Accidents happen, be prepared

No parent wants to receive a call that things have gone awry, and their child has been hurt on the playground. But with kids, it’s bound to happen at some point. For LGBTQ couples, that call can be even scarier — especially if one parent ends up barred from seeing their injured child. From the school perspective, this can be alleviated by each party agreeing or being required to fill out the appropriate information on the school’s emergency contact and other access forms to give both parents equal access to the child while at school. The forms should include both parents’ names, contact information and relationship to the child.  To prevent an issue with emergency medical care or hospitals, one tool that LGBTQ parents may want to consider if their significant other is not considered a legal guardian under the eyes of the law is the use of a short-term medical power of attorney, or health care consent, that designates a person as a limited agent to provide medical consent when necessary for your child’s care. It is also a good idea to provide these forms to your primary medical providers — pediatricians, dentists, etc. — so that they are aware in the event of an emergency.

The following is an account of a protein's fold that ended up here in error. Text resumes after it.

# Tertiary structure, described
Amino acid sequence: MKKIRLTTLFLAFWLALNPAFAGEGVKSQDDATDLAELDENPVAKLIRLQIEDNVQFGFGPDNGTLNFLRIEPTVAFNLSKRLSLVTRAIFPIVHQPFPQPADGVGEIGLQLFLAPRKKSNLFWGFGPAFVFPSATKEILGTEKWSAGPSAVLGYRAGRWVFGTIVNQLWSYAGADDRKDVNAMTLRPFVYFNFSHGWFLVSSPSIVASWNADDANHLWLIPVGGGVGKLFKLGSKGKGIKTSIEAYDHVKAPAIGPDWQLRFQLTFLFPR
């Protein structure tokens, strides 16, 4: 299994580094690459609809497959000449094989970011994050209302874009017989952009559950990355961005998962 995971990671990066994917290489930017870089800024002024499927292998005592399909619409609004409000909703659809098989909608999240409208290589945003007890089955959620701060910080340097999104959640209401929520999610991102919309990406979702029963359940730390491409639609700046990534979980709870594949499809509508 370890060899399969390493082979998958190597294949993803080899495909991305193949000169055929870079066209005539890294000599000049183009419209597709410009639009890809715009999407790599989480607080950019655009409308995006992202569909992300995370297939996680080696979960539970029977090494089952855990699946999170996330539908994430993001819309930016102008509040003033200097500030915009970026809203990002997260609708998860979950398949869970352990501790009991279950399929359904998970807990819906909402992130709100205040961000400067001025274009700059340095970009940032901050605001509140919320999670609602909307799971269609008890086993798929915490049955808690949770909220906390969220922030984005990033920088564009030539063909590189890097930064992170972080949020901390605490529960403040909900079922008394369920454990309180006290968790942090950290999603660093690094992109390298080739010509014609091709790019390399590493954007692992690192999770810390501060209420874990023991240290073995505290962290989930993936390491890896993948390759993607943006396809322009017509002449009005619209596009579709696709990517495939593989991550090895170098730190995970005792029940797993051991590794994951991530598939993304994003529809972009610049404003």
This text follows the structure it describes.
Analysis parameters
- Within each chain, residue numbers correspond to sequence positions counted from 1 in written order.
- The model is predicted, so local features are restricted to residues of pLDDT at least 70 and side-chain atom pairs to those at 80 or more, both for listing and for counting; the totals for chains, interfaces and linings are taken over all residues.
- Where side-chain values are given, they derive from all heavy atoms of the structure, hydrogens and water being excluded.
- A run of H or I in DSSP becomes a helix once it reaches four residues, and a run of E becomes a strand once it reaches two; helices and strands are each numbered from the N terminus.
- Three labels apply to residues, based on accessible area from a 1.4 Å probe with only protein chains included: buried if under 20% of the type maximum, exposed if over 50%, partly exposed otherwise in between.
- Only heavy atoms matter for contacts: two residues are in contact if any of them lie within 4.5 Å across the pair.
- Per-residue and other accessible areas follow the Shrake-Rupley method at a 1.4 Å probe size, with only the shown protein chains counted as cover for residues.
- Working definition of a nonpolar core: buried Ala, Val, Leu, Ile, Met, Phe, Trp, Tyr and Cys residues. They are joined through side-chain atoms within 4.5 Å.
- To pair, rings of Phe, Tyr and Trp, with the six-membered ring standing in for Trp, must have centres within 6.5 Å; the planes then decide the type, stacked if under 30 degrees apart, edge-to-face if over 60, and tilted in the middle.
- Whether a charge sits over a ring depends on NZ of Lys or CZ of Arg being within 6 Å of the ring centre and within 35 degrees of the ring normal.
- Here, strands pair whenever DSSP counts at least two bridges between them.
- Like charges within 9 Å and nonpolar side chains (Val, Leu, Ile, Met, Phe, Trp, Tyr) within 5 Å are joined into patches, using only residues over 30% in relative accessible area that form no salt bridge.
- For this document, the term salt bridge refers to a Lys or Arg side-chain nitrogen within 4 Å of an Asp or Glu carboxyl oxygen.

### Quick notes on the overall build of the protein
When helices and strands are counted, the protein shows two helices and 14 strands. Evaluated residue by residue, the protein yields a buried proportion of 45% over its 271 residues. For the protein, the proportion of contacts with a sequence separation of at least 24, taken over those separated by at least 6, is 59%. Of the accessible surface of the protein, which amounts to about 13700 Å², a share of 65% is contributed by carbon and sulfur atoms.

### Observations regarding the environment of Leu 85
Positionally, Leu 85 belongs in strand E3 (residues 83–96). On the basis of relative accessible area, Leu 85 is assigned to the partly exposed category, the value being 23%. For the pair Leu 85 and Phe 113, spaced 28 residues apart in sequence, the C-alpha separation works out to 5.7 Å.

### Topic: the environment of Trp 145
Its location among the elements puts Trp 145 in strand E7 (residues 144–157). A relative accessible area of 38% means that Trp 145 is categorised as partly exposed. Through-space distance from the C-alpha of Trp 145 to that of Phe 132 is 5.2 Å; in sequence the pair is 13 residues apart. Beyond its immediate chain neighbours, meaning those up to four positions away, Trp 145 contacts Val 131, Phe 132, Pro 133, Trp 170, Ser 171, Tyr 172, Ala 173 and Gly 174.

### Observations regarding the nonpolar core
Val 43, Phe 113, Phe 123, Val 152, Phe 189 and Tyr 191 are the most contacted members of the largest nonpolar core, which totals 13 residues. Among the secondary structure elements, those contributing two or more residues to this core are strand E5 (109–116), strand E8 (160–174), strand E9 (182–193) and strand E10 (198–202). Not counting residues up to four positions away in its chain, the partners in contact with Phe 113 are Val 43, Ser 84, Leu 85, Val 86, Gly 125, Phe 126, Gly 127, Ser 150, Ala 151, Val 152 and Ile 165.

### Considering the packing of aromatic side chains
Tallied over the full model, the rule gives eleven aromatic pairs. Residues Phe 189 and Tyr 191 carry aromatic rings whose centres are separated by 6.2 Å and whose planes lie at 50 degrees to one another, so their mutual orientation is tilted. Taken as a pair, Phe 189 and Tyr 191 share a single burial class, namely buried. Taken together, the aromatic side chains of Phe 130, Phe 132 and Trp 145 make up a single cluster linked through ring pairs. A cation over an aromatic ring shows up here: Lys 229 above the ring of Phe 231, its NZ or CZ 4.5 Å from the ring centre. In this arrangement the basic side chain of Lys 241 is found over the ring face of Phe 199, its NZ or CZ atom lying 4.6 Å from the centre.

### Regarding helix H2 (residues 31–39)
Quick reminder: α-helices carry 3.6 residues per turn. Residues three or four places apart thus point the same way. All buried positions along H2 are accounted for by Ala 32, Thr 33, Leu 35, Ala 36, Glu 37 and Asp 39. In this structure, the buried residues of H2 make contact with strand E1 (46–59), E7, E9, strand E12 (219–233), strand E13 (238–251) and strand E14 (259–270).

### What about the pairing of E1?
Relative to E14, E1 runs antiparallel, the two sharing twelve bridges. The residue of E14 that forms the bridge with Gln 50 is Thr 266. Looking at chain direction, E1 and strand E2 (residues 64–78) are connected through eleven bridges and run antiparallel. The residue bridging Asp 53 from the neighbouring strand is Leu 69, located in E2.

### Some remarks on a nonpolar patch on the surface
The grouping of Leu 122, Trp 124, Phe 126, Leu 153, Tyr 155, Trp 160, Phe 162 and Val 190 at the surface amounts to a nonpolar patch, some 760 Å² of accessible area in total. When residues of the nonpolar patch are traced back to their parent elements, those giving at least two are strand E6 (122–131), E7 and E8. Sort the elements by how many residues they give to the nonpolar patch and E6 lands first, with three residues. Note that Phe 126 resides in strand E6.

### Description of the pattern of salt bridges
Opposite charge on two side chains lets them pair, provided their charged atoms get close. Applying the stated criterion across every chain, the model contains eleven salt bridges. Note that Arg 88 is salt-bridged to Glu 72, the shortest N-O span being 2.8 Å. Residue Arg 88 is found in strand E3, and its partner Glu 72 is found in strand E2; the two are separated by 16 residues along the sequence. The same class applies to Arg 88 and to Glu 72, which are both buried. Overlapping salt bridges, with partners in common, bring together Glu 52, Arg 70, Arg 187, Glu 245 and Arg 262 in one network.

Bullying and your child

A 2008 study by the Gay, Lesbian, Straight Education Network found that many children raised by LGBTQ parents either experienced or witnessed some form of homophobic harassment at school. Children of LGBTQ parents often report facing significantly more prejudice and discrimination because of societal homophobia, specifically at school. However, perhaps most commonly they reported feeling excluded or isolated because their schools or classrooms did not acknowledge their family makeup.

LGBTQ parents may want to reach out to their child’s teacher, or administrators, to ensure an open line of communication is maintained surrounding expectations or concerns you may have. Additionally, it may be a good idea to identify a therapist, or school counselor, that your child has access to if the need should arise. Whether you are an intact family unit or no longer residing in the same home, it’s important for current and former spouses or partners to attempt to have a united front on how to handle their child being bullied or excluded, putting the child’s well-being and needs at the forefront.

Back to school can and should be an exciting time for you and your children. No matter what your family looks like, when you’re packing their new backpack with school supplies this season, don’t forget to use these helpful tips to ensure you face the first co-parenting test of the school year ready to get that A+ grade.

info: Amanda Brisson Cannavo and Robin M. Lalley are Family Law attorneys at Sodoma Law, P.C., based in Charlotte, N.C. and with 5 locations across Mecklenburg and Union Counties, NC, as well as York County, SC. Like Sodoma Law on Facebook, follow them on Twitter (@SodomaLaw) and follow Managing Principal Nicole Sodoma (@NSodoma).